By Alister Wynn, Head of Woodlands and Impact

Species choice for new woodland planting is one of the most common questions we get asked. Part of our remit as a woodland creation charity is to create resilient new habitats in the face of a changing climate.

As well as the threat from climate change our wooded landscape has to deal with the ever increasing risk from pests and diseases. So species choice is not quite as simple as maybe it once was. Fortunately there are many organisations and clever people putting their collective minds to the task of trying to understand and predict what the next century and beyond might look like for our trees. However before we look at what others are doing around climate change it’s worth pointing out that species choice is primarily dictated by both your own objectives for each site, its environment (present and future) and soils but also an influencing factor is where you or your organisation sit on the human intervention spectrum.

Letting nature guide you

Many conservation led organisations lean towards the natural world deciding for us what species will thrive, evolve and naturally select over time. This lends itself to approaches such as natural regeneration and allowing woodland to expand by itself through removing grazing and deer pressure or by looking at what is in the landscape already and then replicating this so that local ecology has more of the local habitat it is adapted to. There is good logic and sense in this approach. For example many of the species that are native to the U.K. are also native to areas in central and southern europe. This would suggest that, given time, our native populations of the same species will adapt to the warmer continental heat we are predicted to be getting over the next century. Time is the key unknown here and our climate is changing at a rate not seen for millions of years, so it is yet unclear as to how our natural world will adapt and how quickly it can do this. Many believe it can and will adapt.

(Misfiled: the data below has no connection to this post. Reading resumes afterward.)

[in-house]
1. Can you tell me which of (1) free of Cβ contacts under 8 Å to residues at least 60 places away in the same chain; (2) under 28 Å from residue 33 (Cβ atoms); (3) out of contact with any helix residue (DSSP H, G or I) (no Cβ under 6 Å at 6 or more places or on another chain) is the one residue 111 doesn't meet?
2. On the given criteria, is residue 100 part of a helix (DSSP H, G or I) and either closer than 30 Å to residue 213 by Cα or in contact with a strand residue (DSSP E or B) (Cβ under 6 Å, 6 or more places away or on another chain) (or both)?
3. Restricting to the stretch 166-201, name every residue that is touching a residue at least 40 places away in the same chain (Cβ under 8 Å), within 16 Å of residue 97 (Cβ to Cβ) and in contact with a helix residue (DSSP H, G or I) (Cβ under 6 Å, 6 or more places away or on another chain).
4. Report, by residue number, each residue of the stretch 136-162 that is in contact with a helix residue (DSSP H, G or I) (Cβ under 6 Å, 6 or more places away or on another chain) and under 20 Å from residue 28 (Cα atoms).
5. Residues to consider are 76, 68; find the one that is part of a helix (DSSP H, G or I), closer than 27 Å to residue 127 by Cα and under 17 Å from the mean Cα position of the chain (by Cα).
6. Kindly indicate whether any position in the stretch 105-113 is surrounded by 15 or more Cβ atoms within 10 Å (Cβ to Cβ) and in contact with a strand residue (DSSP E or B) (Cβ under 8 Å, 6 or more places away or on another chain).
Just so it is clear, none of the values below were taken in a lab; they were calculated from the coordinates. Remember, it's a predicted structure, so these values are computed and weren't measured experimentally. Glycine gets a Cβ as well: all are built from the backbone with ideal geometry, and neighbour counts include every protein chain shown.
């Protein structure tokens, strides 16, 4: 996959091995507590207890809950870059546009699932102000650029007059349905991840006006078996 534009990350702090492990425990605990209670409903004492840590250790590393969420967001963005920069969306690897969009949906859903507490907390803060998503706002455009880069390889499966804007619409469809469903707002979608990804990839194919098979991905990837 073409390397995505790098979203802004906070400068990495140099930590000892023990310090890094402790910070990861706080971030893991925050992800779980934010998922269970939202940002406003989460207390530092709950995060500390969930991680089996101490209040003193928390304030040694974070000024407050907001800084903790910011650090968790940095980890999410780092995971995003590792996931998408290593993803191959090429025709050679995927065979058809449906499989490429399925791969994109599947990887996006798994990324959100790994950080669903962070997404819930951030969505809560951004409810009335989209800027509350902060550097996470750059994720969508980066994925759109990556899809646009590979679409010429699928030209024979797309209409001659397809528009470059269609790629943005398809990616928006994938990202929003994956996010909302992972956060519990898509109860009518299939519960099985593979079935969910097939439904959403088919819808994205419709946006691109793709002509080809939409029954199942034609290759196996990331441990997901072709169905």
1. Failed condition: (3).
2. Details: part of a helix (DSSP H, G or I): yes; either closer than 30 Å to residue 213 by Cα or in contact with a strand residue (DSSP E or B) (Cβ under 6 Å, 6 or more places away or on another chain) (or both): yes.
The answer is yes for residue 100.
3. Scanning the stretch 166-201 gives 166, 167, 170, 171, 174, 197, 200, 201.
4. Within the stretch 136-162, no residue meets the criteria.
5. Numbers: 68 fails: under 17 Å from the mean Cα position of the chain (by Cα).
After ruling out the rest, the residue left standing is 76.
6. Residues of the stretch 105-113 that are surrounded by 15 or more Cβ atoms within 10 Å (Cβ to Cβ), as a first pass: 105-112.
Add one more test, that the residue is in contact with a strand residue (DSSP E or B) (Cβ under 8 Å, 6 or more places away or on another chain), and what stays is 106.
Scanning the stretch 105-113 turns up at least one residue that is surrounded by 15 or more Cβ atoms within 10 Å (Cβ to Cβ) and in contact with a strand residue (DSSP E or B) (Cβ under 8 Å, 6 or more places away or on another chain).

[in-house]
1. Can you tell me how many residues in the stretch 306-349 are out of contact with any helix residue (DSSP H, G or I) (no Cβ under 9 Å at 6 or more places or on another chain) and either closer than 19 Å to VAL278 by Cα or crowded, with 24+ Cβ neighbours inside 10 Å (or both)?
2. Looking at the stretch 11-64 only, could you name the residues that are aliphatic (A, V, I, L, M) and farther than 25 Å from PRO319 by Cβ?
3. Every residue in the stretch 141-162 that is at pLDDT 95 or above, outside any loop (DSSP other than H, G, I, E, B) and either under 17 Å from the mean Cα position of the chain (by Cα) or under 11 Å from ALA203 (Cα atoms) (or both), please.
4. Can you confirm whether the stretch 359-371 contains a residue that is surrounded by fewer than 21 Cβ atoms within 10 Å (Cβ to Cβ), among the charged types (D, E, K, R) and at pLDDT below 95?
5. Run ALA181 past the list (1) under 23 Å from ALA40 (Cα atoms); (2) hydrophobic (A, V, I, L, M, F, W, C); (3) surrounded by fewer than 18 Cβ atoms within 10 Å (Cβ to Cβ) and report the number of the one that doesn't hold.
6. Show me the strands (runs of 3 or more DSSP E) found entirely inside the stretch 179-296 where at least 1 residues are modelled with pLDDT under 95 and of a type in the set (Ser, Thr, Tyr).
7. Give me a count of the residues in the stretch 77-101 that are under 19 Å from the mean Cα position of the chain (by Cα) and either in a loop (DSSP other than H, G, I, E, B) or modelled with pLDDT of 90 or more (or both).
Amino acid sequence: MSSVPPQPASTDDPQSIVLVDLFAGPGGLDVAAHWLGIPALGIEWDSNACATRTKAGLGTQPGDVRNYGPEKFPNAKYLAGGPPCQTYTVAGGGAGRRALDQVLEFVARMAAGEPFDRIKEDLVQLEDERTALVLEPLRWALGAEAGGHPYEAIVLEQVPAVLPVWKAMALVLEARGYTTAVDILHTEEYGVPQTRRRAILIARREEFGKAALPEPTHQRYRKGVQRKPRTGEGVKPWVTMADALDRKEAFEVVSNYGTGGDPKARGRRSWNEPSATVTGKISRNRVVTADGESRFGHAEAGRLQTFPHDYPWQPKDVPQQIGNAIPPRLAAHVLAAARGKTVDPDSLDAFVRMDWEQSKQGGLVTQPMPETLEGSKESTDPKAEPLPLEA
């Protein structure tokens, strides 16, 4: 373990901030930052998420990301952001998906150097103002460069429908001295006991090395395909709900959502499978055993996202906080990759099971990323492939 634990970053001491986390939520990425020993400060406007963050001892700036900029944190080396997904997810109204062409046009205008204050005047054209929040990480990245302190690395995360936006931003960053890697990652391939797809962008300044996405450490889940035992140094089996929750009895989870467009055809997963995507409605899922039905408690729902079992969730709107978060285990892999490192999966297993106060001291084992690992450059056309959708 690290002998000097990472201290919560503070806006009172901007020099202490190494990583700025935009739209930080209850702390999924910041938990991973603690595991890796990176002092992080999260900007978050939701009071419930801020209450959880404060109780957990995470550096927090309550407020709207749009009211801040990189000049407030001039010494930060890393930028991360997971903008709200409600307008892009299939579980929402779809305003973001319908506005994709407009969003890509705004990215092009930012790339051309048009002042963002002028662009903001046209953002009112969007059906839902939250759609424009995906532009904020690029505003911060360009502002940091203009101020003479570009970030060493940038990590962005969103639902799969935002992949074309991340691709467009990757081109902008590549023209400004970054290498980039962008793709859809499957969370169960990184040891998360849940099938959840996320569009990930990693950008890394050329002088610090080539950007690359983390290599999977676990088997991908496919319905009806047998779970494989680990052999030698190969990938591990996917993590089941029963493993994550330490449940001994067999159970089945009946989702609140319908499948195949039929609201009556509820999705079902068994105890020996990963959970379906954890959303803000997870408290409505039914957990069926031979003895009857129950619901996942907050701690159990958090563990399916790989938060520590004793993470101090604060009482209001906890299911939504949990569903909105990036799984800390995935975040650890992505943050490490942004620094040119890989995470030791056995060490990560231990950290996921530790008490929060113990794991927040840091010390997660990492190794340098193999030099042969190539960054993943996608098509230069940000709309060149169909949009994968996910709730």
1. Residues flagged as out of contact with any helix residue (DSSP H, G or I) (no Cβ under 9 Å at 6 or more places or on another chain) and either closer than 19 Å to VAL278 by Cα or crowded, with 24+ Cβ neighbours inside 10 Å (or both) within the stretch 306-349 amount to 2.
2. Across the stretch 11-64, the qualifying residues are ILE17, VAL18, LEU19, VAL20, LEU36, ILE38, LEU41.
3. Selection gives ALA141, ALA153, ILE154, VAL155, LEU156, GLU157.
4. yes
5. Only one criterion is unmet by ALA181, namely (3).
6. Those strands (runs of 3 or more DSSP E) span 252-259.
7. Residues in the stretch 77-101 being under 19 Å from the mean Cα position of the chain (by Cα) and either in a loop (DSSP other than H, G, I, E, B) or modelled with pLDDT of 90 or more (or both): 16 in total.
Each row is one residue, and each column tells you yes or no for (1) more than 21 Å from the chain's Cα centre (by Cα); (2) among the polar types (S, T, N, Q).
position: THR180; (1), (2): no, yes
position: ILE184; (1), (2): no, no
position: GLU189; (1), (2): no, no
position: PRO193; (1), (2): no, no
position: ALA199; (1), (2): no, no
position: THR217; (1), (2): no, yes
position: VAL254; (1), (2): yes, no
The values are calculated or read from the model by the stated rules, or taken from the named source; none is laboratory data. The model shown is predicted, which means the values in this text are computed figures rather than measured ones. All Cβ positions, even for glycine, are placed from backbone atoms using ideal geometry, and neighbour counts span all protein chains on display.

Humans will decide

On the other end of the spectrum is a more human centric approach whereby we try and predict future climate scenarios and come up with a species mix that suits that climate. There is also good logic and sense in this approach. This is particularly true when growth of timber is a key driver for species choice and the yield it will give you over it’s lifetime. This is important when trees are grown for financial benefit, like that of productive forestry, where a small difference in yield over the entirety of a stand can mean profit or not in 40 or 100 years time. However you run the risk of the climate not changing as predicted and possibly creating new woodlands that aren’t adapted to current conditions and the local ecology. There are widely used tools within the forestry industry which use modelling and predictions to guide decision making around species choice. The Industry standard is Forest Research’s Ecological Site Classification (ESC) tool. This approach can mean a higher likelhood of selecting non native species when looking at climate scenarios for 2080 and beyond, something which many in the conservation world are against.